With the latest decline in the stock market, I've been looking for other places to invest money. One types of investment that I've always been interested in is Lending Club (other site exists such as Prosper). The basic concept is micro-lending to other investors in a peer-to-peer fashion. I can be a small bank making small loans (along with many other investors) to borrowers.
Before I dig into the details, I'll do a quick bullet point overview of what Lending Club. You'll want to visit Lending Club's site to get the full details.
- Borrowers need to to find cash.
- Investors want to invest cash.
- Lending Club is the intermediary to bridge borrowers with investors in a peer-to-peer fashion.
- Depending on the borrowers credit worthiness, loans are offered at various interest rates ranging for 5.32% to 28.99%.
- A borrower's loan is split into increments of $25 for investors.
With that, I had several questions as a Lending Club investor:
What kind of borrower would want such a high interest rate?
I often consider myself money conscious. I would never consider buying consumer good or go on vacation if it means debt. I would never put a purchase on a credit card without knowing I had the cash to pay off the credit card at the end of the cycle. So who are these borrowers who are willing to accept such high interest rates? After talking around, I found that Lending Club borrowers are probably in tough situations and may need cash, but the bank is unwilling to loan them money (in a way, this is how the traditional credit unions started). Borrowers who may have high credit card rates can lower their payments with a lower rate through Lending Club.
How are Lending Club Borrower's Details Vetted?
According to users who have gone through the borrowing process, the process of approving a borrower takes only a couple of minutes. My guess is that Lending Club runs a credit check on you to determine certain information such as how often you were delinquent. After the account has been fully funded, When your loan is fully funded (via peer to peer funding), Lending Club requests more information. Three pay stubs, tax stubs, verification of your bank account, and then a credit history check. My biggest surprise is that Lending Club only requests additional information after the loan has been fully funded.
What happens if a Note is Late?
Because Lending Club only offers investors unsecured loans, this means that if a loan were to become late and default, you lose the money (similar to what would happen with a bank). Lending Club does it's best with in-house and 3rd party collection agencies. There is a lot of regulation in the field of collection and investors will not be allowed to contact the investor. I suggest carefully reading over the Lending Club Statistics. There's a lot of good information.
What happens if a borrower turns out to be a scam artist and I invest in a bad loan?
Isn't it easy for a borrow to come along to put in fake details to get a large sum of money, and not pay the monthly fee? After all, these are unsecured loans? The answer is yes, it it does happen, as seen here. But the statistics take that into account and this is a reason why you should spread your money out over many investors using the smallest increment of $25.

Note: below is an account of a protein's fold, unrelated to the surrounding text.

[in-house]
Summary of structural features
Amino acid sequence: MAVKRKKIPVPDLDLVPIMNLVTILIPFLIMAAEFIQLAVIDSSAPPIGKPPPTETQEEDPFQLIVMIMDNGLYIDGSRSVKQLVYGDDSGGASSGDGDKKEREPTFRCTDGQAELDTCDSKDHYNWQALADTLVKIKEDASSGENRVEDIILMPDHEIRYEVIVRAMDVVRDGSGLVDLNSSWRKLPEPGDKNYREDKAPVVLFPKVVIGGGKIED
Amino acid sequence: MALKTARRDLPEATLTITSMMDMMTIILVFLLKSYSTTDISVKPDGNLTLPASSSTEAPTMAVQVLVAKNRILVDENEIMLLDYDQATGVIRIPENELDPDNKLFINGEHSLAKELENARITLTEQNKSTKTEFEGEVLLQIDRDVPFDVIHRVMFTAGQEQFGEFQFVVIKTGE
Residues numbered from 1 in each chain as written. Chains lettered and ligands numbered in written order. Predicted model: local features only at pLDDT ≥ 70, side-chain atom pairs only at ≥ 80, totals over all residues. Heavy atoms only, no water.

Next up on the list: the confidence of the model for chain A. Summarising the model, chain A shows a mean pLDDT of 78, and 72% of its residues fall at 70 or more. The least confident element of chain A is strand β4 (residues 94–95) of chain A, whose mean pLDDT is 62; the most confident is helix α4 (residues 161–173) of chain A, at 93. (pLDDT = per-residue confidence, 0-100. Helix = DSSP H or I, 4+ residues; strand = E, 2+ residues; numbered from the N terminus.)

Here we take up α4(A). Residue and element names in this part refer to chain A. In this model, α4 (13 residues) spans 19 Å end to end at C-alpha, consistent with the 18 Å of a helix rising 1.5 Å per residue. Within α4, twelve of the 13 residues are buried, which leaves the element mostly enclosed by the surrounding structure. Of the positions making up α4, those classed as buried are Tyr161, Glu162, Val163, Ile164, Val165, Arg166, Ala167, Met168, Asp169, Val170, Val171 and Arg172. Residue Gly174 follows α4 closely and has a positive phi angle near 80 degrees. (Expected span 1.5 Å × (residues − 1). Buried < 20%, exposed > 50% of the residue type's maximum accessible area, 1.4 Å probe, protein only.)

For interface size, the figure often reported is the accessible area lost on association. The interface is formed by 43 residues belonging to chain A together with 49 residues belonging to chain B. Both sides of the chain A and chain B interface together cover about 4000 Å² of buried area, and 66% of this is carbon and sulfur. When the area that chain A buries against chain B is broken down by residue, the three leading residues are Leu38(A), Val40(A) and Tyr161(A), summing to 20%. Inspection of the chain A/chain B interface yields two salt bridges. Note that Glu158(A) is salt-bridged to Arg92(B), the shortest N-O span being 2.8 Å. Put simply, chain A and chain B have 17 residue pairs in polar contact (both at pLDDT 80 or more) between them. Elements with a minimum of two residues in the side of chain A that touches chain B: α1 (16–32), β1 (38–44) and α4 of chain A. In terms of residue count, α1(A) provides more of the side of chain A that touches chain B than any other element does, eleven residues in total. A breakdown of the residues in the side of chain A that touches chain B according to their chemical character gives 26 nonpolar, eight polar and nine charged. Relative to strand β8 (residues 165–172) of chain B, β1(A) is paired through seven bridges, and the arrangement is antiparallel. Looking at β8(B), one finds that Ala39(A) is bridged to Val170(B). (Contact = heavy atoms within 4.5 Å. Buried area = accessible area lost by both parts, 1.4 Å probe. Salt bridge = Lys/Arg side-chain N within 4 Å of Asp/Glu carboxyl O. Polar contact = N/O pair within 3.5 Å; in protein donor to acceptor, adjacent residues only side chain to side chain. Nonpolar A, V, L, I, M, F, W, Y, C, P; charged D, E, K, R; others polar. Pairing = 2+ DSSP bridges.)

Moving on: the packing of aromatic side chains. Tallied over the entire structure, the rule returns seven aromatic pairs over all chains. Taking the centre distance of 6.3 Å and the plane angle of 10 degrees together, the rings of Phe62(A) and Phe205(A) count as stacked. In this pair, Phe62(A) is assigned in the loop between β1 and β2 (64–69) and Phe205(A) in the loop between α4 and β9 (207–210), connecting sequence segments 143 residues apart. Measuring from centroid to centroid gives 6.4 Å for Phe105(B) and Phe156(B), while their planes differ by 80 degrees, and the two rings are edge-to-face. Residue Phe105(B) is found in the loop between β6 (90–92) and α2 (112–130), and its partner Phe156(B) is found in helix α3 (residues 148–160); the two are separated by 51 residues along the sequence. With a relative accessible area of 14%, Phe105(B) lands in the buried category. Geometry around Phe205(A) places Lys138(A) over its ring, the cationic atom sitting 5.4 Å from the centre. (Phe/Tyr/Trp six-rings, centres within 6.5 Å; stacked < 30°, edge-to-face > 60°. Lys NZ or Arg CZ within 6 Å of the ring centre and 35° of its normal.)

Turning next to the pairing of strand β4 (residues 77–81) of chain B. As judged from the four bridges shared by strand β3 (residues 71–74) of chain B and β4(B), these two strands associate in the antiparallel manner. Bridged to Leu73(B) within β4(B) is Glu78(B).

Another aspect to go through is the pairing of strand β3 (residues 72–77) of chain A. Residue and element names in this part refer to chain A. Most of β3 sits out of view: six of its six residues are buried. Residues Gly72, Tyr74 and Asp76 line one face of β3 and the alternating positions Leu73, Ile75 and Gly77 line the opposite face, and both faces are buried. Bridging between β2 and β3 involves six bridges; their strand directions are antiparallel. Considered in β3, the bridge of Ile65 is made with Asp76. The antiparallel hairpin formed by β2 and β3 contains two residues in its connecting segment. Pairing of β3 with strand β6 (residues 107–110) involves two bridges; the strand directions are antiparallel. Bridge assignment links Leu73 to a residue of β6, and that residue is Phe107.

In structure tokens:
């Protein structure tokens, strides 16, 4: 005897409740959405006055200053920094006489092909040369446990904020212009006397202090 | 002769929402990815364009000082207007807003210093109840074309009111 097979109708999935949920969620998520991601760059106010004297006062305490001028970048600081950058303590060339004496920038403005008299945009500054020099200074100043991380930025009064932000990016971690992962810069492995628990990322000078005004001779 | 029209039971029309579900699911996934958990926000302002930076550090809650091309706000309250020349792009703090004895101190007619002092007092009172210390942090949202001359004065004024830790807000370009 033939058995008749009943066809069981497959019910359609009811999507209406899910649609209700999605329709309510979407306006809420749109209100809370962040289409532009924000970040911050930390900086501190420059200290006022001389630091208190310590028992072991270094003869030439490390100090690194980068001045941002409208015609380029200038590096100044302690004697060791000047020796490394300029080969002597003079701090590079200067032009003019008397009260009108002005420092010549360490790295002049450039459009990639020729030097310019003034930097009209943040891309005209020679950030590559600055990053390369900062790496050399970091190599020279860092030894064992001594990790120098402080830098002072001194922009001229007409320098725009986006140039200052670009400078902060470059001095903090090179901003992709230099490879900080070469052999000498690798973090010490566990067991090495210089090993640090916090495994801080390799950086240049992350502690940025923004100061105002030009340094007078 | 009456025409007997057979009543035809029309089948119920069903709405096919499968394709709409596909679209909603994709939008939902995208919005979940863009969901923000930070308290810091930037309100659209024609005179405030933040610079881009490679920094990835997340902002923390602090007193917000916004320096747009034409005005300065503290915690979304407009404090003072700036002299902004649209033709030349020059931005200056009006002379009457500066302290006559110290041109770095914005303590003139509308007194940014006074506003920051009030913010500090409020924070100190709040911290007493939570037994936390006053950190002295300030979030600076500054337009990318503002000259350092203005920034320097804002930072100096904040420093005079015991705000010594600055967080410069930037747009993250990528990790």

Lending Club has been around long enough where I'm no longer worried about Lending Club as a company going out of business (yes this was once a big concern for many investors). Their system provides a great deal of transparency and my belief is that if I diversify my notes enough, I can be protect against scam loans and still make a solid return. I'd be happy with 8% return, but this will take awhile to realize the gains (as I'll need to make back my principal.
I like the highly transparent estimated yield based on historical data, plus the ability to filter down loans based on borrower information. This allows me to invest in loans where I believe the borrowers have the highest chance of returning my money.
Here are my requirements for trustworthy loans:
- Delinquencies (Last 2 Years): 0 (lowest)
A borrowers who has had many delinquencies is more likely (in my opinion) to default again. They may not have the right money management skills.
- Min Length of Employment: 5 years (highest)
I prefer a borrower who has a stead stream of income. Someone who is jumping from job to job may hit a rough patch causing the loan to be late.
- Months since last delinquency: 60 months or more (highest)
Similar to a previous filter, this one tells me that even if someone has had a delinquency after 2 years, that it was at least 5 years ago. This gives me higher confidence that the borrower has learned his mistakes.
- Exclude Loans Already Invested: Yes
Having this checked means i won't accidentally invest in the same loan twice. It's good practice to diversify by holdings.
Once this has been filtered, I'll also often look at:
- Job Title
A borrower with an unofficial or unstable job position scares me. Surprisingly, I've seen n/a on this field from time to time.
- Home Ownership
I prefer borrowers who Own or have Mortgages as opposed to renters. In my opinion, a borrower who is able to own/mortgage has been previously vetted by a bank with a loan, and that to me is a bonus.
- Loan Purpose
I prefer a borrower who is Loan Refinance & Reconsolidating, Credit Card Payoff, or Home Improvement Project. Many of the other options, though reasonable, isn't a reason I'd invest money.
Finally, I've invested my loans and they are slowly being issued. My first 200 notes will go into a portfolio to track its success. As I begin to profit and receive money, I plan on re-investing the gains into additional notes.